Trump Administration To Review Vehicle Emissions Rules
Mar 17 2017 by Lorena Waters
Former President George W. Bush refused to grant the waiver, the only time thats happened since the Clean Air Act was passed in 1970.
Rolling back the efficiency standards which Obama signed a short while before stepping down from office will result in major savings for automakers.
For automakers, President's Trump's announcement that his administration is going to take a hard new look at tougher fuel-economy standards was what they were wanting to hear.
"The auto companies don't want 50 state standards", he said.
Brown Jr., Attorney General Xavier Becerra, Senate President pro Tempore Kevin de León and Assembly Speaker Anthony Rendon today blasted the cynical ploy by the Trump administration and auto manufacturers to roll back vehicle pollution standards finalized earlier this year.
The attorneys general of California and NY announced Thursday that they are joining the legal defense of the emissions standards.
Hear more from Daniel Howes about the future of environmental regulations for vehicle makers in our interview above.
In Michigan, Trump delivered a campaign-style speech in which he railed against big trade agreements, specifically NAFTA and the recent Trans-Pacific Partnership, laying out in stark terms his view of how the pacts had hurt the US auto industry and its workers. Jerry Brown and environmentalists depict as crucial to control pollution and to reduce the emission of gases believed to contribute to global warming. The Obama administration cancelled the mid-term review before the former US president left office amid fears Trump would seek to have them modified or rolled back, which Marchionne considers unfair. But Donald Trump maintains that it's those standards that are costing USA auto manufacturing jobs. Both said that it is too late to turn back the clock on electric cars, that auto manufacturers need to be good environmental citizens, and that fuel-efficient cars can save consumers a lot of money. The Corporate Average Fuel Economy (CAFE) standards, which were implemented decades ago but accelerated under President Obama, call for automakers to reach a fleetwide average 54.5 miles per gallon by 2025. She added that the analysis of the standards "has shown that the greenhouse gas emissions standards for cars and light trucks remain affordable and effective through 2025, and will save American drivers billions of dollars at the pump while protecting our health and the environment".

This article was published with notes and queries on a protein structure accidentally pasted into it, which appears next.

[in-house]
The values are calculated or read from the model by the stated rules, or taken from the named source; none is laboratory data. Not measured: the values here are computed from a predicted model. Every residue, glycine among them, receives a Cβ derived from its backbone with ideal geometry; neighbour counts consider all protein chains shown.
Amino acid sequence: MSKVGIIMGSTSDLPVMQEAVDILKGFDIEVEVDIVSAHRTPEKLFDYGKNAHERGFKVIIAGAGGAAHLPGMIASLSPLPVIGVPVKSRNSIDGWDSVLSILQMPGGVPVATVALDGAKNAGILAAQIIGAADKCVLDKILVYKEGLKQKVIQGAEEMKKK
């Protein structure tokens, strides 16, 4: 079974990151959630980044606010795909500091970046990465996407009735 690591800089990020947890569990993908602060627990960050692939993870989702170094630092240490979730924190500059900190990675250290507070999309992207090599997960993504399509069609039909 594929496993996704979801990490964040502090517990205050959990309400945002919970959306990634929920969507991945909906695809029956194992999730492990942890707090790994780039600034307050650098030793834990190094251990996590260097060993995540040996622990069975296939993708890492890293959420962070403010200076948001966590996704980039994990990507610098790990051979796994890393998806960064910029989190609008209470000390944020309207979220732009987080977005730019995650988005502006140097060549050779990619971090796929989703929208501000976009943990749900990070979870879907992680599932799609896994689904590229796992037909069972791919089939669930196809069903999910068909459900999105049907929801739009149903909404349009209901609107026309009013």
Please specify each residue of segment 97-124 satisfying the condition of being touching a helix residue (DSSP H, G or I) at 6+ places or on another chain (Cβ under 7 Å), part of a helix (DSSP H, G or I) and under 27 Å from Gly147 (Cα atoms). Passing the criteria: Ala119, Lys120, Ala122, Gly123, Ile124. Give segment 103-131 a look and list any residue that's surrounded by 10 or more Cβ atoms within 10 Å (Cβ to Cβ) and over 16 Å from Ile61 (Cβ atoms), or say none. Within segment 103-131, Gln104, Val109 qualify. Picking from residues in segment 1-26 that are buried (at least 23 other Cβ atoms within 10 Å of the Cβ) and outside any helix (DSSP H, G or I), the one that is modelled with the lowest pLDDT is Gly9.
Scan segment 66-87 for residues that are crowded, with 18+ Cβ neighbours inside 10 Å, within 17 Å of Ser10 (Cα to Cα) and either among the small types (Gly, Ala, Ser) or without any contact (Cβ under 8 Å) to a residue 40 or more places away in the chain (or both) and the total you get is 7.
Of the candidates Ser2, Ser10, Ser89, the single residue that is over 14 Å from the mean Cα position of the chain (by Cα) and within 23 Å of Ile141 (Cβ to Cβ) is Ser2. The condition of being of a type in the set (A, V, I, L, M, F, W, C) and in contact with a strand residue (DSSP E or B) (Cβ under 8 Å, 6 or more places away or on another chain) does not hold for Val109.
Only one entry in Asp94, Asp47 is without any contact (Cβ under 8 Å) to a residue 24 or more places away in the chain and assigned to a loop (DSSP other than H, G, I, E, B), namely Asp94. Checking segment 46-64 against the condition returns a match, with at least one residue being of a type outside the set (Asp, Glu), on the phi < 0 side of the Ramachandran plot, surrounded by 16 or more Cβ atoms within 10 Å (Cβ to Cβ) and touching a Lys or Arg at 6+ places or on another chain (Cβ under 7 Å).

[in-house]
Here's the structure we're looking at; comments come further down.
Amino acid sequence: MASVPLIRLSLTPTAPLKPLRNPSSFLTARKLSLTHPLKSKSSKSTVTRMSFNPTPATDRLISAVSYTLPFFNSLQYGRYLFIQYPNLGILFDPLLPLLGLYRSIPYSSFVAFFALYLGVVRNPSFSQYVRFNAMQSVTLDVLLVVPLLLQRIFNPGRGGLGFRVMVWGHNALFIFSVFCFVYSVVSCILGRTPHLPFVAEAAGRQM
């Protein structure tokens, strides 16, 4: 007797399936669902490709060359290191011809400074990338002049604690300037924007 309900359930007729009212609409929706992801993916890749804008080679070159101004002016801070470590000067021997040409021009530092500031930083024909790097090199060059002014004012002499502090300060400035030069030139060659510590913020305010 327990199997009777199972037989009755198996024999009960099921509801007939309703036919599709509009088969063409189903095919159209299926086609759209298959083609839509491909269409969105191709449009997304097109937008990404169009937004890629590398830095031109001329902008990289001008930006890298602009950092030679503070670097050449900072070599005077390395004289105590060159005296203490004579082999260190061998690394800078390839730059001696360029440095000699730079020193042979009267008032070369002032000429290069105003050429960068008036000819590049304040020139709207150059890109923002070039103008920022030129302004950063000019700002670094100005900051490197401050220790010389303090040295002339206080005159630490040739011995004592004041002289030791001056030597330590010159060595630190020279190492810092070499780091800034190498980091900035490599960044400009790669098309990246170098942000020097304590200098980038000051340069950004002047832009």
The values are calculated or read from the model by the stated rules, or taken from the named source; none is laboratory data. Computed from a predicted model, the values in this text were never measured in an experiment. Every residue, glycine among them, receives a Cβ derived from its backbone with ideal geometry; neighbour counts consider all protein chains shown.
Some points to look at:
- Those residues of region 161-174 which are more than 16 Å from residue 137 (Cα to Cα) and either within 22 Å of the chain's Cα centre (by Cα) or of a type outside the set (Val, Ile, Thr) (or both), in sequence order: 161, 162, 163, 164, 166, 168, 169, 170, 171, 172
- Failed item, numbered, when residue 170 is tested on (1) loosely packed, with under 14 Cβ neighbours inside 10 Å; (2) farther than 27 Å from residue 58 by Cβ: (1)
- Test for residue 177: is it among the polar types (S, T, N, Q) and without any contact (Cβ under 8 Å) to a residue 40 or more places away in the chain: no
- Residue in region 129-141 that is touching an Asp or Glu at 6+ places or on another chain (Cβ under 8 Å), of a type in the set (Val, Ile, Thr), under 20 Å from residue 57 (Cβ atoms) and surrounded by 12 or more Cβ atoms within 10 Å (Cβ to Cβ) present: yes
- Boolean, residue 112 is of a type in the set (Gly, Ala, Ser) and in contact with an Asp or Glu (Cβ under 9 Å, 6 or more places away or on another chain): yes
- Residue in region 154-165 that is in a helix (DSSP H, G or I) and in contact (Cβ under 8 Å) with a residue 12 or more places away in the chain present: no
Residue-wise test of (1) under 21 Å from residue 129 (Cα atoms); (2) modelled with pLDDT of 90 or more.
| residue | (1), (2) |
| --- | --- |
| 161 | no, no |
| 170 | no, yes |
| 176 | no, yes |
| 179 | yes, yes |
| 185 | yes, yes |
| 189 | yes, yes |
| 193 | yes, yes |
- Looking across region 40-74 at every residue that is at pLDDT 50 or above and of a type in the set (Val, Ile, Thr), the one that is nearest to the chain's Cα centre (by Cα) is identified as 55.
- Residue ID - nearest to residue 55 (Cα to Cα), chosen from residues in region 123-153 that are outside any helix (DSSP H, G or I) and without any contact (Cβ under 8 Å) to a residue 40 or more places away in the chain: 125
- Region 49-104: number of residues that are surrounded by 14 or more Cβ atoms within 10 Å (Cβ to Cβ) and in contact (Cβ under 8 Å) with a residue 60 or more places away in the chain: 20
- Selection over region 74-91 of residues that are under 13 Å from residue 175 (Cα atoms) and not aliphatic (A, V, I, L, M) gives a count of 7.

The Trump administration downplayed any potential fight, saying officials have more than a year to resolve differences. The current standards helped the auto companies move from bankruptcy to profitability, and there is no reason they can not be met.
Within two weeks, Smith had a new job as legal director of civil rights group Muslim Advocates and was drafting briefs for a successful court challenge to the ban, joining other former top Obama administration lawyer s now fighting Trump. When efficiency rules were relaxed in the mid-1980s, foreign automakers only had about 25 percent of the market, but now they have 55 percent.
That means California would end up setting national policy.
Complying with tougher standards would lead to declining new vehicle sales and higher auto prices that drain consumer cash from other parts of the economy, SPEA researchers found.
"High octane, low carbon fuels can play a significant role in helping to meet fuel economy targets in the future", RFA President Bob Dinneen said in a statement.
Trump said he had kept his promise to withdraw the USA from the TPP, an agreement that former President Barack Obama pursued with 11 other Pacific Rim nations.
A senior White House official said Tuesday that the administration wants to negotiate one national standard. He spoke on condition of anonymity even though Trump has criticized the use of unnamed sources.
"We're going to do some wonderful work with you but you're going to have to help us with jobs", he said.
The feds have some leverage: A new waiver will be needed in 2025.
The White House's attempts to alter the Obama administration's plan to raise federal automobile fuel standards could be a slog and ultimately yield little change, experts say.